Why agency people are so unhappy

“It’d be a great business if there weren’t any clients.”

“I can’t think of a single person who loves their job.”

“Everyone in this industry sucks.”

If you work in the agency world, chances are you’ve heard any or all of these things. Maybe you’ve even said one of them yourself, after a few glasses of vino.

Negativity, after all, isn’t new in agencies: You only need to take a stroll around the comments sections of any trade publication’s site — this one included — to figure that out. But lately, it seems like agency people are getting increasingly grumpy.

One agency president describes it as an air of “pessimism” that pervades the entire industry that has gotten worse. “The problem is that we haven’t spent enough time developing any culture,” he said.

Andrew Benett, global CEO of Havas Worldwide puts it this way: For organizations whose biggest capital is people, agencies don’t spend a lot of time thinking about how to make people happy.

Decreasing job satisfaction levels and general unhappiness are not unique to agencies. Ever since the recession, satisfaction rates have been declining steadily. But there seems to be certain systemic problems that make the malaise worse in adland. “The agency world is hyper-competitive because everyone’s fighting for the same thing,” said Andrew Wefald, a professor at Kansas State specializing in job satisfaction issues.

Wefald said that more often than not, pay is not the primary driver of job satisfaction — co-workers, leadership, management and the work itself are more likely to be the major causes. But sometimes it just boils down to attitude. “There is research to suggest that there is a dispositional aspect to job satisfaction, meaning it’s trait-related or part of your personality,” he said.

And if there is a lot of criticism coming your way, then people get unhappy in their jobs, he said. And — between awards shows, comments on social media, and the hundreds of thousands of armchair ad reviewers — ad industry veterans are nothing if not conversant in criticism. “People just don’t like to get so much negative feedback,” said Wefald.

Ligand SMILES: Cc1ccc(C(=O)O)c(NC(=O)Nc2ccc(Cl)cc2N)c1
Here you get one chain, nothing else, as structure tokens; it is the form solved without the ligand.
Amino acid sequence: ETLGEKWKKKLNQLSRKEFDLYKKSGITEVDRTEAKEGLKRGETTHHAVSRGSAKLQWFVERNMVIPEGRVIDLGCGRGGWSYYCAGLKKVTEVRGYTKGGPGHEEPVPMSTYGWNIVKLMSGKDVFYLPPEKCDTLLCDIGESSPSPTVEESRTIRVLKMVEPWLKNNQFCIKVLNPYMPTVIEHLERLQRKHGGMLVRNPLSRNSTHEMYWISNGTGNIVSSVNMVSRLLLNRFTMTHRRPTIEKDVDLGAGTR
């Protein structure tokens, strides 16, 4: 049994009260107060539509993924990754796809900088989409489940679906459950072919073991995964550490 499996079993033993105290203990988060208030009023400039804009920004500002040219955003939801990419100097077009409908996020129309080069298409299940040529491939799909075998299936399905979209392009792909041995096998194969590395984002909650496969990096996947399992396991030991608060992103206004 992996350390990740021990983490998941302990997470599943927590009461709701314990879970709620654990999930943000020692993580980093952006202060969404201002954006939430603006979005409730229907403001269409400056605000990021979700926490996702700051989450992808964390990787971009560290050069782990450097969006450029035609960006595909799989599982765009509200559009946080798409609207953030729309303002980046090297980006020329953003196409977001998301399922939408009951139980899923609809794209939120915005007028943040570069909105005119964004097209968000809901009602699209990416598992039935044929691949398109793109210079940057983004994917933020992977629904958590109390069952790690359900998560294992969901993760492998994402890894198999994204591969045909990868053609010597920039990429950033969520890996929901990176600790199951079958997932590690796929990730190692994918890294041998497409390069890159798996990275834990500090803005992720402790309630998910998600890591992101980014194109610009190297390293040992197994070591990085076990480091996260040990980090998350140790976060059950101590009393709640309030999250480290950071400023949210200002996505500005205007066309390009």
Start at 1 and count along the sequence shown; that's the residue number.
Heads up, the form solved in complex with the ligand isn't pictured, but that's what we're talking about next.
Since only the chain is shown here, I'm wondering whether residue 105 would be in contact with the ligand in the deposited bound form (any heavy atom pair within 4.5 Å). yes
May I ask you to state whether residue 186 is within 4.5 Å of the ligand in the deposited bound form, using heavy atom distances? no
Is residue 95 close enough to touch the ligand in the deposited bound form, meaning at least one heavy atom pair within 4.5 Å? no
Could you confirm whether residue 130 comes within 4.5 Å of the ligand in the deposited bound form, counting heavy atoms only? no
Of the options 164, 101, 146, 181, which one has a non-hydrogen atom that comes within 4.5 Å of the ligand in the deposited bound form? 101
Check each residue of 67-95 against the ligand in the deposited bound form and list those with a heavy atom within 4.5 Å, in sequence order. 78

Just ask Uwe Hook. In June the client director at media agency Initiative left his job, ending a 20-year agency career. He didn’t go quietly. Uwe wrote a Dear John letter on Medium about his decision. It read, in part:

“Not one person questioned my decision. Everybody expressed the urgent desire to leave the agency world as soon as humanly possible. No matter who you ask, almost everybody is ready to walk away. This ‘get-out-while-you-can’ sentiment is prevalent.”

Fear is the problem, Hook told Digiday. Fear of what clients want, fear of not achieving results.

“It’s not fun any more,” he said. “We all used to come up with innovative ideas, but now we don’t. The bravery in work has disappeared.” Agency frustration at procurement departments that drive prices down is one culprit. Another is the constant need for results. “Innovative work is cut immediately because you don’t know how it’s going to perform,” said Hook. “So you just repeat what you did last year. It wasn’t this way always.”